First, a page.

To place this grand challenge into perspective, a conversion rate of 10 moles of CO2 per hour per gram of catalyst translates into a conversion rate of 1 gigaton of CO2 per year per ton of catalyst when placed in 250 sunny locations. In practical terms, this can be achieved through the use of 20,000 solar panels with an area of one square meter, containing a 10 micron thick catalyst film made from a MOx nanomaterial with average density of 5

One can appreciate from this ‘back-of-the-envelope’ calculation that the development of a global scale CO2 economy could readily handle the yearly global emission of 40 to 50 gigaton of CO2. This conversion rate is sufficiently high in that it can maintain a steady-state concentration of CO2 in the atmosphere as well as produce the carbon equivalent of fuels and chemicals, thereby solving our climate and energy dilemma in one fell swoop.

In this context it is worth noting that Ivanpah – the world’s largest solar thermal power station located in the Mojave Desert ( – is currently producing high-value electricity and steam from sunlight. Their product is used in power, petroleum and industrial-process markets worldwide. Its deployment area of 330,000 mirrors is roughly equivalent to the surface area calculated for the envisioned CO2 conversion process mentioned above.

Integrating an earth-abundant and cost-effective catalyst with existing chemical and petrochemical industrial infrastructure could provide a practical, economical and sustainable alternative to fossil fuels and its perceived climate change consequences. The beneficiaries of this will be the oil, coal, gas, and chemical and petrochemical industries, the engines of our global economy.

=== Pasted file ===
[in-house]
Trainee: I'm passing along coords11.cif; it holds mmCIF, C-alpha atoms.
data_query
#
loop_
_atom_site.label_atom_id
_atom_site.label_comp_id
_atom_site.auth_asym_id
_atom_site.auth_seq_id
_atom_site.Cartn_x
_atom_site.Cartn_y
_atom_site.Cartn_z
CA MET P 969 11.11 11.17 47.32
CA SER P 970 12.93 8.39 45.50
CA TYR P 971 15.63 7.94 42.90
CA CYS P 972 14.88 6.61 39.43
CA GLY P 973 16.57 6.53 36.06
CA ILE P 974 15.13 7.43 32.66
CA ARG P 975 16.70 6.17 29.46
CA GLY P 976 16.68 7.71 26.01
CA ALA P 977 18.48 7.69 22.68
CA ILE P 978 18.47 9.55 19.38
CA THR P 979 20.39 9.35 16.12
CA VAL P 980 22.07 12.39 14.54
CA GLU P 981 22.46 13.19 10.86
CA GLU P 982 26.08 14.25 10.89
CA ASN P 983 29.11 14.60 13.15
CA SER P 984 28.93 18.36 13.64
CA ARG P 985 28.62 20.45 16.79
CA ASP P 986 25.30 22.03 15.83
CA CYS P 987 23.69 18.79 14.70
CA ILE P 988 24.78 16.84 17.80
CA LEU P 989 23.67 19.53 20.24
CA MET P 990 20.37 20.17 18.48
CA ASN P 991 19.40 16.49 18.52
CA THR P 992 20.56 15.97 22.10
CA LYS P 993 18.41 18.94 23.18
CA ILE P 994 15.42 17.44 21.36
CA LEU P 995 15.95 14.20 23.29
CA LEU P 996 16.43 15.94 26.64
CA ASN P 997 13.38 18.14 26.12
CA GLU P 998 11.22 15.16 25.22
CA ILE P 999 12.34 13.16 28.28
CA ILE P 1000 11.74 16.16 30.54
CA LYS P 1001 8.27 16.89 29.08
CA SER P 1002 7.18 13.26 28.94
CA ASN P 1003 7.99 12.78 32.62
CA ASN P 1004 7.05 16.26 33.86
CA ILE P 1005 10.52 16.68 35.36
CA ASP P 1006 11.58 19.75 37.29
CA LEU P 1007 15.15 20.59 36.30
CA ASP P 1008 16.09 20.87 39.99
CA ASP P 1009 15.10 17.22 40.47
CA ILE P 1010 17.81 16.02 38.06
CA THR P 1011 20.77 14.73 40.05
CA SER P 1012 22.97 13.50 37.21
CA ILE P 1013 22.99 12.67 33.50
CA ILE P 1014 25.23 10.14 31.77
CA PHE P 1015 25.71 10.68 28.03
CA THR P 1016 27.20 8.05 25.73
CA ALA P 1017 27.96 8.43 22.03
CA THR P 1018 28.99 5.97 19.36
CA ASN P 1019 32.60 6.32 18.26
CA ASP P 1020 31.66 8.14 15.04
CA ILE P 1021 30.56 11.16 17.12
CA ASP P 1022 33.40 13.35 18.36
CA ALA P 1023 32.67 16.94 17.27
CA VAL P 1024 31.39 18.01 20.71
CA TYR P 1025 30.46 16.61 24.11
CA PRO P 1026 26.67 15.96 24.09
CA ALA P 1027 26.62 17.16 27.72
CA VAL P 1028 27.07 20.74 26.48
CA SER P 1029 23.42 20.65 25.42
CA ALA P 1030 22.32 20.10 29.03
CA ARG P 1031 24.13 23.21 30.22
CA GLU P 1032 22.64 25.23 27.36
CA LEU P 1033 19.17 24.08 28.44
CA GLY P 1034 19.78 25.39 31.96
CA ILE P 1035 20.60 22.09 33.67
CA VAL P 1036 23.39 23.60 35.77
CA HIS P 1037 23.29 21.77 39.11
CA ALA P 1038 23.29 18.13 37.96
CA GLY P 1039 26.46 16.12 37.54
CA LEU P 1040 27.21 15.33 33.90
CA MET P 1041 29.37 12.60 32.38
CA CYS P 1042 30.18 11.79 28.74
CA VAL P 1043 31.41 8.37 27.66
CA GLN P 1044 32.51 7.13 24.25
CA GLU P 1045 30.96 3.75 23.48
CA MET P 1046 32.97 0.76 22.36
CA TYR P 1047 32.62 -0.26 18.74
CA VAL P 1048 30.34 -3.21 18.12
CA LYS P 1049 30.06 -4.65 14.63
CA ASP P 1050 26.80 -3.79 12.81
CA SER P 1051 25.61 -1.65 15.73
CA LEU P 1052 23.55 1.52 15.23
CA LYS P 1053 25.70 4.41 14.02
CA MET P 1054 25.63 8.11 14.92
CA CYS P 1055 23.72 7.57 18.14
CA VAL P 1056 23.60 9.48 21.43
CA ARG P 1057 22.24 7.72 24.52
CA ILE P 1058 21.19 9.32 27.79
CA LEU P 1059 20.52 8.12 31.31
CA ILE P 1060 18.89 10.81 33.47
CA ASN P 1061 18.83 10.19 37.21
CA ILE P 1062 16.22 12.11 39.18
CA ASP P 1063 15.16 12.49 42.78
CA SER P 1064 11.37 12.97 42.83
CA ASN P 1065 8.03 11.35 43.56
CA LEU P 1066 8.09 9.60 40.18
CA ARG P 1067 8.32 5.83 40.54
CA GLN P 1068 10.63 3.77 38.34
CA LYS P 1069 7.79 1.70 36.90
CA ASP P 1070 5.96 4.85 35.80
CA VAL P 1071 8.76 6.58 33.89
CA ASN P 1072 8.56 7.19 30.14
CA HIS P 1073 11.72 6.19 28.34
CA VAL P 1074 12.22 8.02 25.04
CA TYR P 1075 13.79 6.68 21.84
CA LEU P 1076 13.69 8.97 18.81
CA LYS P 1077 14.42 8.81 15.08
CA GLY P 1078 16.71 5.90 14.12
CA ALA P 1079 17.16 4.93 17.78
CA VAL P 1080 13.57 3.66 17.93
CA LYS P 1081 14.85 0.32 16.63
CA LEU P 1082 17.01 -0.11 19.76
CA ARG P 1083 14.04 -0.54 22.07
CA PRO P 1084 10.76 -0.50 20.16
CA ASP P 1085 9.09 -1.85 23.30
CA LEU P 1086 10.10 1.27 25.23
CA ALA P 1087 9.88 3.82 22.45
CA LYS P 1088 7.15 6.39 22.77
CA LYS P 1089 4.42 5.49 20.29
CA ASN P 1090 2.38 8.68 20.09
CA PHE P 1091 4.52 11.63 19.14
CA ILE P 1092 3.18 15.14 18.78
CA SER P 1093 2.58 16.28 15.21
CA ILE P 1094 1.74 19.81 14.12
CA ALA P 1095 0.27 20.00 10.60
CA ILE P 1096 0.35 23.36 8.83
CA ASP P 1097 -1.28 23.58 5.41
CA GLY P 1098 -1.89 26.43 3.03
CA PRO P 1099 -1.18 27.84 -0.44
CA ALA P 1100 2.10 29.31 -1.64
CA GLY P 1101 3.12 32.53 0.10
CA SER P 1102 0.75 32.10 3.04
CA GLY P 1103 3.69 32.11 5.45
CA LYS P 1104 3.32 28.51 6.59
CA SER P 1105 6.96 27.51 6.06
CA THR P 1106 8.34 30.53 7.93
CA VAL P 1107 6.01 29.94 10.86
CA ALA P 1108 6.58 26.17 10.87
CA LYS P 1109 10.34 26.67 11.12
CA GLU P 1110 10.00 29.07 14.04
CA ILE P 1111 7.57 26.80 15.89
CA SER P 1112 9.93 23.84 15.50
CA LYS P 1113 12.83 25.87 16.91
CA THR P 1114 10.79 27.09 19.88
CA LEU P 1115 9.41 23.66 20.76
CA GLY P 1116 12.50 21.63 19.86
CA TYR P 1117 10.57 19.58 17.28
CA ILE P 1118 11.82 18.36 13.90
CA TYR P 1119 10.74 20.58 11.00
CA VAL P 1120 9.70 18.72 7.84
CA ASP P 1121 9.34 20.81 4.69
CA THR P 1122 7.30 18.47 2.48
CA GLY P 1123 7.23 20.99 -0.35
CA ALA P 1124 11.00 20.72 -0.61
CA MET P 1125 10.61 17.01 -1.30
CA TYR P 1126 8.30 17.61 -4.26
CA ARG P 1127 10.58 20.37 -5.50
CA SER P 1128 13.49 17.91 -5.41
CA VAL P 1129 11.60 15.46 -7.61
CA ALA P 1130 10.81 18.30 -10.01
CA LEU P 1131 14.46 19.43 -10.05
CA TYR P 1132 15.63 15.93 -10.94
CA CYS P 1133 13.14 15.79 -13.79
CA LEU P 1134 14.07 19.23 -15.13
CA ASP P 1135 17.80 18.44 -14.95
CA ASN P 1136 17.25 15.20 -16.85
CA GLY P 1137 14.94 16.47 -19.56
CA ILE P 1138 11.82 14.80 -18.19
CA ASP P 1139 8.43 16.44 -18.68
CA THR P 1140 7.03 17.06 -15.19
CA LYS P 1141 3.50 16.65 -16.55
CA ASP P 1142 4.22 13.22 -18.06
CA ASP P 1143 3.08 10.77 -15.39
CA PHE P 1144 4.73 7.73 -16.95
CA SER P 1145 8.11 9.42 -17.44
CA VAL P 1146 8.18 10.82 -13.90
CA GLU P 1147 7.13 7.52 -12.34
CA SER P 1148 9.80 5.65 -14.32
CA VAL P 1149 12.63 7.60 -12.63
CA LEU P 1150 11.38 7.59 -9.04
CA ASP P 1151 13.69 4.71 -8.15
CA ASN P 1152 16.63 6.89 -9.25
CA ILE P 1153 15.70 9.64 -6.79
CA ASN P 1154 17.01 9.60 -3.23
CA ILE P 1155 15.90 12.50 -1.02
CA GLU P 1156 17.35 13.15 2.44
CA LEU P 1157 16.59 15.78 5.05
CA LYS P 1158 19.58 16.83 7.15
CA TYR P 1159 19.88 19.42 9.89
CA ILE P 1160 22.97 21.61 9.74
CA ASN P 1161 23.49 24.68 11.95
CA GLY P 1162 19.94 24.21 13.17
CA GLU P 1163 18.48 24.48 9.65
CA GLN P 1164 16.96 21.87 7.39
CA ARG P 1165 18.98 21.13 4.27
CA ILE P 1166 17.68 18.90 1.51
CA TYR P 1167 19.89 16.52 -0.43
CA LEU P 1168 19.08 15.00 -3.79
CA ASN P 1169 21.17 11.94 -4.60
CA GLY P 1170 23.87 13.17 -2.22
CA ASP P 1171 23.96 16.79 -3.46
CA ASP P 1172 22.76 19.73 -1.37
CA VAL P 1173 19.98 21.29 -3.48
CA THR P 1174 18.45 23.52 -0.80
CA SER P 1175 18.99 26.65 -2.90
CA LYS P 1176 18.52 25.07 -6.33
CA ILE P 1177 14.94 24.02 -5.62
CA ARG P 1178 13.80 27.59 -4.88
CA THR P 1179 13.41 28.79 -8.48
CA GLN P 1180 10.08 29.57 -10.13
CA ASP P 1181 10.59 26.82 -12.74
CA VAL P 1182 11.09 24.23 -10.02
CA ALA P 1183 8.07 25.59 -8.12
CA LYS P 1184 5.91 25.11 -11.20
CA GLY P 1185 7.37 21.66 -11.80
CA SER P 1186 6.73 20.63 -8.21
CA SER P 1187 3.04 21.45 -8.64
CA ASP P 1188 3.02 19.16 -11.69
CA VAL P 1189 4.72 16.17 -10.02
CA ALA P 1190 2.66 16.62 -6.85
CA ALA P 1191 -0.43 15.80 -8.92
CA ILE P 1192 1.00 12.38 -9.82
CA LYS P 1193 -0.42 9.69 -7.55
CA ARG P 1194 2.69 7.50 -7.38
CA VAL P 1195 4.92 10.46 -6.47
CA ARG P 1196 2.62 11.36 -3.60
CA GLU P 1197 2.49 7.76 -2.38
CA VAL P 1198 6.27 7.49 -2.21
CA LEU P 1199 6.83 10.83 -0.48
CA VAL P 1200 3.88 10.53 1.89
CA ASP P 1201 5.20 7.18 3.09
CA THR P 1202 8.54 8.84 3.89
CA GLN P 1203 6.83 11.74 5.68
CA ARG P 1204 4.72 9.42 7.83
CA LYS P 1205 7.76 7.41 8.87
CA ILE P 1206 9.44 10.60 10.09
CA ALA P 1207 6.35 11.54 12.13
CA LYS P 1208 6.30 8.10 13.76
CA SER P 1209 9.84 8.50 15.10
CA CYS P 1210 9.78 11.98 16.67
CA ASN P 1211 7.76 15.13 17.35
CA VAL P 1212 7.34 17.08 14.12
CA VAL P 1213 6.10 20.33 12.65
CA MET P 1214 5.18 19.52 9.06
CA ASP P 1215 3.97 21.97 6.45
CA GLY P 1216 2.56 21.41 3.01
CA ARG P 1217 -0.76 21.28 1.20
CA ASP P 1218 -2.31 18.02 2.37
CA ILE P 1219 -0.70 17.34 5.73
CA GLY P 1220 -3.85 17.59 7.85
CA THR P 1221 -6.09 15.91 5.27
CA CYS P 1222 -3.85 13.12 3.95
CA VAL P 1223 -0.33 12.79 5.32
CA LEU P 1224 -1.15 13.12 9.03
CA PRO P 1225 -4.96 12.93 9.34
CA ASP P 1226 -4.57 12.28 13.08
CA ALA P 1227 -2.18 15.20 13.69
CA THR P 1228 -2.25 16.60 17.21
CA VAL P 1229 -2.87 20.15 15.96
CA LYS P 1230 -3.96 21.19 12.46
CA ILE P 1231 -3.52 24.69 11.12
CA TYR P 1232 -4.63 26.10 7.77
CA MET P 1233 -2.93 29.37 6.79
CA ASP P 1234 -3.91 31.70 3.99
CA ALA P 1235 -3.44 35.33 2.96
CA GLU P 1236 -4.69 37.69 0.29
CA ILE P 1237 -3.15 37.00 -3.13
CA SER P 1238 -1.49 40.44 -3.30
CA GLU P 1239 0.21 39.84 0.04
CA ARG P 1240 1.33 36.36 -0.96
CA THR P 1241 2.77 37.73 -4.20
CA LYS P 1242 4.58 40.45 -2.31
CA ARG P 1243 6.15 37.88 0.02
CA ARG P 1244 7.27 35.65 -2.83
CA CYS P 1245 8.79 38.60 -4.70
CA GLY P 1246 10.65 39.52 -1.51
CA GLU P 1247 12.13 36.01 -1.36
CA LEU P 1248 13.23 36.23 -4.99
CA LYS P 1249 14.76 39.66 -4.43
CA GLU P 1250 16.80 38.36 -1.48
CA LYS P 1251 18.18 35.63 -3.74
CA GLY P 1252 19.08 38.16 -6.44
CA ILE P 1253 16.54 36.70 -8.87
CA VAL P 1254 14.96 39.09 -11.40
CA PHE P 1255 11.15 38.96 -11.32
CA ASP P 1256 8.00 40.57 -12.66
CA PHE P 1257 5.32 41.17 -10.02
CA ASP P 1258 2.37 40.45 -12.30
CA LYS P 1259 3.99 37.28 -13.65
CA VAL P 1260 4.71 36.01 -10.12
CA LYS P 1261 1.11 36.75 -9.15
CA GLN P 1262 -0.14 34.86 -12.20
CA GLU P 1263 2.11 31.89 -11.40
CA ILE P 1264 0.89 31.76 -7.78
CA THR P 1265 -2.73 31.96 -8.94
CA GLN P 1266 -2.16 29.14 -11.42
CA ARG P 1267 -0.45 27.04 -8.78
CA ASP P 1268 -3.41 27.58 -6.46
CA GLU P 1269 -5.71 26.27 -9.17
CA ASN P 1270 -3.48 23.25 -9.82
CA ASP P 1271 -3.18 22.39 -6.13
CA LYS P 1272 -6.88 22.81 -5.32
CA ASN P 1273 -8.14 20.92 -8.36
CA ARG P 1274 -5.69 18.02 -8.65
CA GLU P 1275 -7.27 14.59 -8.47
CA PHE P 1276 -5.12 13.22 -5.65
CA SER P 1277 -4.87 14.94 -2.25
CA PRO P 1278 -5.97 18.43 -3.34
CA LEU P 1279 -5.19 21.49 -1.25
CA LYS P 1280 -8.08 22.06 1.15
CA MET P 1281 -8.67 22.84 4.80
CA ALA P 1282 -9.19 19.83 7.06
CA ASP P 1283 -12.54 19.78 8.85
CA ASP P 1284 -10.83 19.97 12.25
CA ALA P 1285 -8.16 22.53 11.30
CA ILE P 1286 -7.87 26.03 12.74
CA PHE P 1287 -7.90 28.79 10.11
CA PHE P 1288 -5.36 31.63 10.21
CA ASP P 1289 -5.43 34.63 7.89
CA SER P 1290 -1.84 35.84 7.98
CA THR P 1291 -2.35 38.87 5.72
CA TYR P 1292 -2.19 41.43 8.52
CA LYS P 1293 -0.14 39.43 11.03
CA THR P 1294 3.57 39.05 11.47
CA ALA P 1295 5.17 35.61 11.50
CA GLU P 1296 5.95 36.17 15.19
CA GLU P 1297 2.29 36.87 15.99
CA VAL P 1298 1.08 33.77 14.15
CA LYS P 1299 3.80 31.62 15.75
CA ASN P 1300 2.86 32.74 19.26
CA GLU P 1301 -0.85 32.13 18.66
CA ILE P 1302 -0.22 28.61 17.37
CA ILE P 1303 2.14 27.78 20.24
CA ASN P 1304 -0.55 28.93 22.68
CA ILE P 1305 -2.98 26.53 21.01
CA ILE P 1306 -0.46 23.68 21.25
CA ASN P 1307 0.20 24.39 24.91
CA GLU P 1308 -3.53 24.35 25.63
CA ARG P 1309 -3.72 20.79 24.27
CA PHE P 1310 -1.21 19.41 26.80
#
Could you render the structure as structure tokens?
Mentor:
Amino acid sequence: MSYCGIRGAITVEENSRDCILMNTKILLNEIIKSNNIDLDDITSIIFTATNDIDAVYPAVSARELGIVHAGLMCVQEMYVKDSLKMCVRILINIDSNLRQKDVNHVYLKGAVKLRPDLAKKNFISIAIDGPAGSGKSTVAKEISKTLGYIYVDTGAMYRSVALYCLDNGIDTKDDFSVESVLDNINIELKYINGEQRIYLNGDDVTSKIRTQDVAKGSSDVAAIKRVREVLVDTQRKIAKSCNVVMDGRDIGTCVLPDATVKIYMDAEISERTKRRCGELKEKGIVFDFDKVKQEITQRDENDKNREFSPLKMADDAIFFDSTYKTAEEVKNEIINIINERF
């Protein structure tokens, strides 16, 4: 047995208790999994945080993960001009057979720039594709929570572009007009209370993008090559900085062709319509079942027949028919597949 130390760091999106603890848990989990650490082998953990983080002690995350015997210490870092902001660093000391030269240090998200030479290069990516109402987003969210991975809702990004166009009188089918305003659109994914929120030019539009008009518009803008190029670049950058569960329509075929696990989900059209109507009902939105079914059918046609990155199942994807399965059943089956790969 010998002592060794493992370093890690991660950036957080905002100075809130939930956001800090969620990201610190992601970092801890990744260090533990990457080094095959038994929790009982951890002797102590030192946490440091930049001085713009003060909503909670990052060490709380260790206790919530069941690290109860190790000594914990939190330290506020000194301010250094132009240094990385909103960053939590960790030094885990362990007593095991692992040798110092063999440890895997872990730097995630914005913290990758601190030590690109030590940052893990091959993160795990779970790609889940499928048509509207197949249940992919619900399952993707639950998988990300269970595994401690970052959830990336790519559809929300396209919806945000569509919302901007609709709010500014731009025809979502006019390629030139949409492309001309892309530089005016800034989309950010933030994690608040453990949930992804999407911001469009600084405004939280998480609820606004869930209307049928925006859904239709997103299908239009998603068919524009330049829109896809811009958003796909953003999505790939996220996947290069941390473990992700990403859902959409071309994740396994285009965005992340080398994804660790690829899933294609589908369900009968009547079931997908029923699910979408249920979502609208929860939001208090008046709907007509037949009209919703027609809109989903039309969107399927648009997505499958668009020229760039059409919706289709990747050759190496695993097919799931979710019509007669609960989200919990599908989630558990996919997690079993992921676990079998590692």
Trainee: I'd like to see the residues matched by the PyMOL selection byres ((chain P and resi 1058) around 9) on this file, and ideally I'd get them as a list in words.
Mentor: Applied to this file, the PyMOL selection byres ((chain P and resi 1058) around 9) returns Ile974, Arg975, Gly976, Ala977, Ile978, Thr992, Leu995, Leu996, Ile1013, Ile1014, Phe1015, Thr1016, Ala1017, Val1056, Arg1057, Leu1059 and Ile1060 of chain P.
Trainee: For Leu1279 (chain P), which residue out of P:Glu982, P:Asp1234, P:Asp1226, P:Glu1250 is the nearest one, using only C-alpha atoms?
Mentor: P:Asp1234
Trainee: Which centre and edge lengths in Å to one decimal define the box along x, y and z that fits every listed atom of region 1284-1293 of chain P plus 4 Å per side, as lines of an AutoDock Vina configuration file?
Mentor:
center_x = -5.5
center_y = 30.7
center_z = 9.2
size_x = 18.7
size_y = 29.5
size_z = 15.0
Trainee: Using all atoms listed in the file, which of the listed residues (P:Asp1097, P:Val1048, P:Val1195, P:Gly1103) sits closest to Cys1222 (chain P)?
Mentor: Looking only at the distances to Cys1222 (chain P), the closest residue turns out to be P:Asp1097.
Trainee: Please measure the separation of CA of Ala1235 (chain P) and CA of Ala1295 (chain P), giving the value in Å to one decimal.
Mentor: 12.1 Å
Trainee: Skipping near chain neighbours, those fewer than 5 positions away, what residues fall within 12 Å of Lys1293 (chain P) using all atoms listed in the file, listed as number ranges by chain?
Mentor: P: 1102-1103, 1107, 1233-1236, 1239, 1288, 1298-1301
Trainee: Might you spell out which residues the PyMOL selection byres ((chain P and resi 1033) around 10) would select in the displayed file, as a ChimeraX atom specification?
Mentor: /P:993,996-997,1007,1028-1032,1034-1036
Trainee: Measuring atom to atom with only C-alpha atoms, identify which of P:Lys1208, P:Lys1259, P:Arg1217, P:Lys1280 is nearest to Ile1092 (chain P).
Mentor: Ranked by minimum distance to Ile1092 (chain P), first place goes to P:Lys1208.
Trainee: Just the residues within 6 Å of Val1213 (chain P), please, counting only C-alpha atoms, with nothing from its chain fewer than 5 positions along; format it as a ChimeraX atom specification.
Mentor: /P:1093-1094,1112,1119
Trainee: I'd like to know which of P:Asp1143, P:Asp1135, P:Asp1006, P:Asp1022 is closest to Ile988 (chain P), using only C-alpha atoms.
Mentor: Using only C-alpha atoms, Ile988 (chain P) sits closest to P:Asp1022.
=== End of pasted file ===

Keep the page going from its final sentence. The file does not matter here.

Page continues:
plan-b-energy-transitionTo further build upon this proposal, a Plan B vision for a sustainable future is to make the solar fuels technology (i.e. capturing and utilizing CO2 in both air and in concentrated localized sources) compatible with existing infrastructure on land and sea around the world. The scheme illustrates the envisioned air-to-fuel technology, which utilizes solar-assisted heterogeneous catalysis materials science and chemical engineering methods. The three-step process involves CO2 separation or capture. Next gaseous water is split into H2. Then this H2 is utilized to reduce gaseous CO2 to CO, CH4 and CH3OH fuels and chemicals. This model provides an example of how we can transition the most promising solar fuels materials from a laboratory scale prototype to a CO2 capture and conversion technology that will enable the creation of a new and sustainable CO2 economy. If the economics (energy and cost) and the timeline (lab-to-market) of the process both work, we may be able to circumvent the predicted consequences of greenhouse gas climate change.

What will it take to make this energy transition a reality? I believe what I have proposed is a positive message that circumvents the controversy and negativity of the climate debate. It is an appealing vision and a scientifically plausible idea that everyone would appreciate, from high school students to academics, from industrialists to investors and from economists to policy makers.

A solar fuels technology that would enable an energy transition to a sustainable future would begin as a small piece of the energy puzzle that is expected to grow overtime. The end goal is to power the world using renewable energy, with solar fuels generated from CO2 being a critical component of the energy endgame.

The goal of a new CO2 economy envisioned in this article presents a credible science and engineering paradigm, with a calculable cost, assessable risk and definable benefit over a quantifiable development time period. By contrast, the protracted climate change debate with its opposing forces appears to be grid-locked, increasing the economic and human cost of not having a credible Plan B.